April, 2006

30 Apr 2006, by

It’s Finished!

I first heard of the 6th Pennsylvania Cavalry in 1992. I’ve been drawn to this regiment for years for a variety of reasons. One company of the Lancers–Company G–was raised in my home town, Reading, Pennsylvania. Also known as Rush’s Lancers, the regiment was named for its first commanding officer, Col. Richard H. Rush, a member of the legendary West Point Class of 1846. Rush was the grandson of Dr. Benjamin Rush, the patriot who signed the Declaration of Independence, and who founded Dickinson College in Carlisle, Pennsylvania. When I arrived at Dickinson as a freshman in August 1979, one of the first things I noticed was that the college was split into two campuses, including one named for Dr. Rush. Finally, I am a native Philadelphian, although I grew up in Reading. Many of the names of the men who populated this fine regiment have been familiar to me for most of my life, as many of them went on to become captains of industry in the years after the Civil War.

I encountered this unit while researching John Buford, under whom they served for most of 1863. Buford came to greatly respect the courage and steadfastness of this unit after five companies of Lancers made a magnificent charge into the teeth of an entire battalion of Confederate horse artillery at Brandy Station on June 9, 1863. From that moment forward, Buford referred to the Lancers as his “Seventh Regulars.”

The regimental chaplain of the Lancers, Samuel L. Gracey, wrote a history of the regiment in 1868 that was based on his war-time diary. It was an excellent regimental history for its time, but it was an extremely early one that did not have the benefit of input from his fellow veterans, meaning that there was a tremendous well of untapped primary source material out there that could really flesh out the story of this regiment.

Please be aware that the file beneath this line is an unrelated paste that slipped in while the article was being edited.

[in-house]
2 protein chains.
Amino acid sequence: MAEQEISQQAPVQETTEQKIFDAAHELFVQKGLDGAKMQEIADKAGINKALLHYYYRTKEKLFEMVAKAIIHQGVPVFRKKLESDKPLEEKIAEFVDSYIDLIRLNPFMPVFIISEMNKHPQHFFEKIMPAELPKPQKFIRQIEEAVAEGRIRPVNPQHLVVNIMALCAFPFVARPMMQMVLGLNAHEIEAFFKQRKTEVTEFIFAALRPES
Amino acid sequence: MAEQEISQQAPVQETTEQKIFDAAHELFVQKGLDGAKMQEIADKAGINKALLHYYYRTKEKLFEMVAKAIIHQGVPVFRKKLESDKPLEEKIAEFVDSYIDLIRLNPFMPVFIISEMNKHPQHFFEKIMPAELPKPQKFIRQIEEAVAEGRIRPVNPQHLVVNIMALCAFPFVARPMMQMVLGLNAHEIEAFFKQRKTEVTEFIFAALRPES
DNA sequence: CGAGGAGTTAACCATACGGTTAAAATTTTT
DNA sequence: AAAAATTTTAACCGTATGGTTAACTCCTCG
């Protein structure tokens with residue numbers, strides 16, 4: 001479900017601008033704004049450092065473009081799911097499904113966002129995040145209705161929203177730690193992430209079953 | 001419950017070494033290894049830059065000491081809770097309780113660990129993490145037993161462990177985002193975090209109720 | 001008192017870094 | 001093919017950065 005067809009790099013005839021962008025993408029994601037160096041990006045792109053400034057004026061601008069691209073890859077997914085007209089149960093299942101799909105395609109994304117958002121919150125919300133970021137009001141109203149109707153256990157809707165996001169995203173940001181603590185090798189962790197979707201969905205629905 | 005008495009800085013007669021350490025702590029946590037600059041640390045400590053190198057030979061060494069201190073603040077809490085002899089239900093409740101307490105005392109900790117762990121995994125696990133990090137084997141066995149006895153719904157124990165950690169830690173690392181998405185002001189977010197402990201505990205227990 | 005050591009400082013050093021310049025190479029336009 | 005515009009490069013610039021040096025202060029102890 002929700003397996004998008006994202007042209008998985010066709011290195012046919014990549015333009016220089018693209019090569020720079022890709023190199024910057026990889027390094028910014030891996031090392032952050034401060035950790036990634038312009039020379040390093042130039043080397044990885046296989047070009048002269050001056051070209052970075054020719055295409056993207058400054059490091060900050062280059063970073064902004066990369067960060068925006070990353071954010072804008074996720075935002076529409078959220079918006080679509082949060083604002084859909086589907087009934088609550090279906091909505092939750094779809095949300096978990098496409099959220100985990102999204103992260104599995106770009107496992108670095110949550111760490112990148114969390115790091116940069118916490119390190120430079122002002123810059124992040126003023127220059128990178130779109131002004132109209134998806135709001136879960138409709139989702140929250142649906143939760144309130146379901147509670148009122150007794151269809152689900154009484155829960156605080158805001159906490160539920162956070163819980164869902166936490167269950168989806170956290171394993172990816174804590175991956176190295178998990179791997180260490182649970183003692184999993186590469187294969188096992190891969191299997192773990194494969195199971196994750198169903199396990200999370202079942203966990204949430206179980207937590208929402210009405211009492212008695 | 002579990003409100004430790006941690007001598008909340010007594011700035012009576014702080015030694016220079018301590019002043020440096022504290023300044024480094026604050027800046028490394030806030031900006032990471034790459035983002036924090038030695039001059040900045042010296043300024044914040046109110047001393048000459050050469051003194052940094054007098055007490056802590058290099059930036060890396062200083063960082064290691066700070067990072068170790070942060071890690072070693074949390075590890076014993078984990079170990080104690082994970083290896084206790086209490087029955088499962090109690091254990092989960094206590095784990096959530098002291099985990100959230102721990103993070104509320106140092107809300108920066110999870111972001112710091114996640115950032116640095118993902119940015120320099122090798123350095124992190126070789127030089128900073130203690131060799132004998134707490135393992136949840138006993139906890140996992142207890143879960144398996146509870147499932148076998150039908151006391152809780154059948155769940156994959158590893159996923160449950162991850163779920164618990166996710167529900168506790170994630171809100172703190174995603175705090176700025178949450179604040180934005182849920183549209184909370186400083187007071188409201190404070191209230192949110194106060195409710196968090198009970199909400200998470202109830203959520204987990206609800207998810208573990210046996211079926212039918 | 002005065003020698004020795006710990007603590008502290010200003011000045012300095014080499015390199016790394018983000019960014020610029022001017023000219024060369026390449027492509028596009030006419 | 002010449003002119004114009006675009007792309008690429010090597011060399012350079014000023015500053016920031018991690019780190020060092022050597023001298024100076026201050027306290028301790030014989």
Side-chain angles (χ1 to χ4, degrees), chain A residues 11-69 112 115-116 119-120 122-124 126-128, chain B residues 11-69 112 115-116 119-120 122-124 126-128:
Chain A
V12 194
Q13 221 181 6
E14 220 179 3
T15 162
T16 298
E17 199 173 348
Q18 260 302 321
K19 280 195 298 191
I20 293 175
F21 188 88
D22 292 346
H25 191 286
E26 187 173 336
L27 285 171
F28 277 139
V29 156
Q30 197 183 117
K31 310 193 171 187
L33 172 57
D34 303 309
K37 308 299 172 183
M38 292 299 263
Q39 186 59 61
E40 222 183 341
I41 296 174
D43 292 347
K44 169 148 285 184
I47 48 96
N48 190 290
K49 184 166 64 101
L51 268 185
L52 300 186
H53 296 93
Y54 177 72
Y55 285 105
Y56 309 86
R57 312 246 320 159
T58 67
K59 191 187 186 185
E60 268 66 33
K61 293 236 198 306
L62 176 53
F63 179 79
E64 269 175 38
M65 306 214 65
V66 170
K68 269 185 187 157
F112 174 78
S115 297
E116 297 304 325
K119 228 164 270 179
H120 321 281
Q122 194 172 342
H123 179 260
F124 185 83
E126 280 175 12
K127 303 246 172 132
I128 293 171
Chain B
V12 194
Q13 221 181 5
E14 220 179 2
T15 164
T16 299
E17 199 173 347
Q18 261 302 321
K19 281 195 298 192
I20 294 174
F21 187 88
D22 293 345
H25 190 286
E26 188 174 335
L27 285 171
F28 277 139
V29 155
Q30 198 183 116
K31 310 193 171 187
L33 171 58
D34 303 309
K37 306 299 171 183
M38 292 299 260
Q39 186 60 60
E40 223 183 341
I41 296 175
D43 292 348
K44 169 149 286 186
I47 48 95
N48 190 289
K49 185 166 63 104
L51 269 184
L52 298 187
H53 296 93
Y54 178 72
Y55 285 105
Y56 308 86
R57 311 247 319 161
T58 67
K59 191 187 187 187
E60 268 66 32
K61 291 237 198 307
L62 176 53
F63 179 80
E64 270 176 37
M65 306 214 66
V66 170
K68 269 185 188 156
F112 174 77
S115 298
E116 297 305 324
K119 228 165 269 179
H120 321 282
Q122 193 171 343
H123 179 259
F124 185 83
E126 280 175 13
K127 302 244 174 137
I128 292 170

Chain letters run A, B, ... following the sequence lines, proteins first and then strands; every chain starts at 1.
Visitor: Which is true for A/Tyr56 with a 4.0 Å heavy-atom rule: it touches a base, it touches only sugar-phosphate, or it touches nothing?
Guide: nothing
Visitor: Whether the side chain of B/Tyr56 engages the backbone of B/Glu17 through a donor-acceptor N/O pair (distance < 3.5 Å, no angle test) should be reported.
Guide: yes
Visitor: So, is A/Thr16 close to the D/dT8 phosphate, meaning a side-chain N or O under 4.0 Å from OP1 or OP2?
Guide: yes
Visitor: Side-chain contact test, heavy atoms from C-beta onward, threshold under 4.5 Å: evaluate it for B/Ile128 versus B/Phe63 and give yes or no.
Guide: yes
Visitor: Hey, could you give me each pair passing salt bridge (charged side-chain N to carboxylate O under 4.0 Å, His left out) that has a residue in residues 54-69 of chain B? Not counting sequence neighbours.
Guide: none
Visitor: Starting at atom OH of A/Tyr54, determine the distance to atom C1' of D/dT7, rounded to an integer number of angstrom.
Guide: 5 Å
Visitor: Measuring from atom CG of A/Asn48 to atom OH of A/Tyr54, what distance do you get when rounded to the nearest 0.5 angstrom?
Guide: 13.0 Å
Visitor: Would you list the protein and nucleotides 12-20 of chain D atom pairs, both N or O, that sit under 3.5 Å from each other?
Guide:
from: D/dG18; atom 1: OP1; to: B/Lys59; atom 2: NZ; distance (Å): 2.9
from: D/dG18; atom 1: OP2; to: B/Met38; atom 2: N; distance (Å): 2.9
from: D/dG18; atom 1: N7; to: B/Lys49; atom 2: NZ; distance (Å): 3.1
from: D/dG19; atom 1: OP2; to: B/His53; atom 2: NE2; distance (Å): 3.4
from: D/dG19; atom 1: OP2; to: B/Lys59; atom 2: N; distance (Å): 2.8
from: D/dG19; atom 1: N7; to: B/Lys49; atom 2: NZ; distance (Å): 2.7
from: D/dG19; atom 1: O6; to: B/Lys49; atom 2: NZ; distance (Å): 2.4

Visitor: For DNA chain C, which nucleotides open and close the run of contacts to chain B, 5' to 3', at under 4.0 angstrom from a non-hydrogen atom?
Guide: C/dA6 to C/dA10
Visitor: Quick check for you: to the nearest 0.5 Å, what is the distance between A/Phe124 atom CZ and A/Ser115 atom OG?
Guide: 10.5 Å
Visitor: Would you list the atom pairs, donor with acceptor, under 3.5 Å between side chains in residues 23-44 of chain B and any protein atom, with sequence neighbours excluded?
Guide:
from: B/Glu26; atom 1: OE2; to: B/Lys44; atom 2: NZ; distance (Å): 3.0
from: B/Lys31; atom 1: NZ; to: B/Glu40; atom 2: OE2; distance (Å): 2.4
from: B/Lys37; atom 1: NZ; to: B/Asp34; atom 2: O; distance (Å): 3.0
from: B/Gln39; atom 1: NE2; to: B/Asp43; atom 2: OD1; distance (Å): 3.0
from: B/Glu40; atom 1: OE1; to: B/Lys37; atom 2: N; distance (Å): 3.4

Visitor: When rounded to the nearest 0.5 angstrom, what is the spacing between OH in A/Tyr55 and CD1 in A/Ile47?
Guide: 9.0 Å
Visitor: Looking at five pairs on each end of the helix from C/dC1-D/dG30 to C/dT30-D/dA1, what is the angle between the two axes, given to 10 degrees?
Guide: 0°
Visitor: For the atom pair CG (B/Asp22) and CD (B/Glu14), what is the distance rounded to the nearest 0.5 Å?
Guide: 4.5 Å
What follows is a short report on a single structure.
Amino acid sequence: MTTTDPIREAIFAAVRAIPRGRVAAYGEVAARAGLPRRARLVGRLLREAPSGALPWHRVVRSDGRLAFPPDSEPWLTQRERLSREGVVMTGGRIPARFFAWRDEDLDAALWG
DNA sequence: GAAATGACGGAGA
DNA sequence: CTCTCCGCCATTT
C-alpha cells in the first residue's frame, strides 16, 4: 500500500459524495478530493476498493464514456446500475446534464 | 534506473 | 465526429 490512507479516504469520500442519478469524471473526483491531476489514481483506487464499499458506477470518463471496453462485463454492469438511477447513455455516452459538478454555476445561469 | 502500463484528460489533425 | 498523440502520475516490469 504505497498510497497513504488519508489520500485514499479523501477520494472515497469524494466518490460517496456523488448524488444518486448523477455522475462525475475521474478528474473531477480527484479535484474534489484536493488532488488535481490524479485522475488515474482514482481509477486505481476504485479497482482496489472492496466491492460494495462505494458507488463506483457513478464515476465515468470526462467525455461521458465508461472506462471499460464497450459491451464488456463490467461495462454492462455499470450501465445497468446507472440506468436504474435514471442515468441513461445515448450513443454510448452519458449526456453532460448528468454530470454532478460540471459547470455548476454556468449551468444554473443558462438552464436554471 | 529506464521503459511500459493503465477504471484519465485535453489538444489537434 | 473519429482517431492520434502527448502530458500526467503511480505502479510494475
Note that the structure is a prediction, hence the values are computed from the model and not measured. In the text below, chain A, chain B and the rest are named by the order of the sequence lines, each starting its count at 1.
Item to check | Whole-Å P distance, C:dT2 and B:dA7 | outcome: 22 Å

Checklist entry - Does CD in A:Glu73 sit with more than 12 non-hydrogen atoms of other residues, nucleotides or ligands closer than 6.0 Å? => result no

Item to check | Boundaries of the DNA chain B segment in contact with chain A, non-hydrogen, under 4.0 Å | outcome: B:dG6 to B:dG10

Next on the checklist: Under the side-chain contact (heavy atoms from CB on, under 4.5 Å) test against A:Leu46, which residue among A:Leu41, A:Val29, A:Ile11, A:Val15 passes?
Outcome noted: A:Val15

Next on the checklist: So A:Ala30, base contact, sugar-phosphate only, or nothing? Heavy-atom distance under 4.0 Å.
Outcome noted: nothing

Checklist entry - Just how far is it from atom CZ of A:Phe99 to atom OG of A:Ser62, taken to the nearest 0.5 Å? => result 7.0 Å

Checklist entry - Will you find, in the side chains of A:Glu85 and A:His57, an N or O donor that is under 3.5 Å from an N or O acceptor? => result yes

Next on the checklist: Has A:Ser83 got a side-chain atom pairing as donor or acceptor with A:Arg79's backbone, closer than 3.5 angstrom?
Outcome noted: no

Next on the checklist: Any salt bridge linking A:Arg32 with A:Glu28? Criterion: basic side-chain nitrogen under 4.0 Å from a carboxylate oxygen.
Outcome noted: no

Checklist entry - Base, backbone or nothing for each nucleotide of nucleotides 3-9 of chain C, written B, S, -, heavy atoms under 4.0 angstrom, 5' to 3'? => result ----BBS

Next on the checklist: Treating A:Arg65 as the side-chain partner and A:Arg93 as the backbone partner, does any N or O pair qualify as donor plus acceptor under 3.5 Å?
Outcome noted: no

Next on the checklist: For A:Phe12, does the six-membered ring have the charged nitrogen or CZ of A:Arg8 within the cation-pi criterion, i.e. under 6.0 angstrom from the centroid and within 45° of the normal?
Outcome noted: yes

Because the Lancers were a highly educated group of men who thoroughly documented their service, there were at least a dozen sets of letters of members of the unit to be found, several diaries, an other miscellaneous memoirs that had never been used to tell the story of the regiment. Given all of that, I decided to tackle a new regimental history. I had originally intended to write this book alone, and that was the course that I was heading down this road when I learned from Ed Longacre in 1998 or so that he had recently submitted a proposal to Combined Books (now part of DaCapo) for a new history of the Lancers. Realizing that there would not be sufficient demand for two new regimental histories of this unit, I asked Ed if he wanted to do this as a joint venture. We would use my research, and I would take the first half of the war, up to and including Brandy Station. I wrote my half of the book, and then waited for Ed to tell me that he was ready for me to ship my research files to him so he could get started writing. After more than two years of waiting, Ed finally told me that due to his other commitments, he was going to have to back out of the project. So, I now had to go forward with finishing the project alone.

After Combined Books was acquired by DaCapo, I realized that DaCapo was definitely NOT the right press for a history of a Pennsylvania cavalry unit. Combined–a Philadelphia-based company–would have been a perfect outlet for the book, but Combined no longer existed, and that was that. I contacted DaCapo, and told them that I wanted out of the contract. After I repaid the minimal $250 advance I’d been paid, I was released from the contract, and then had to find a new publisher.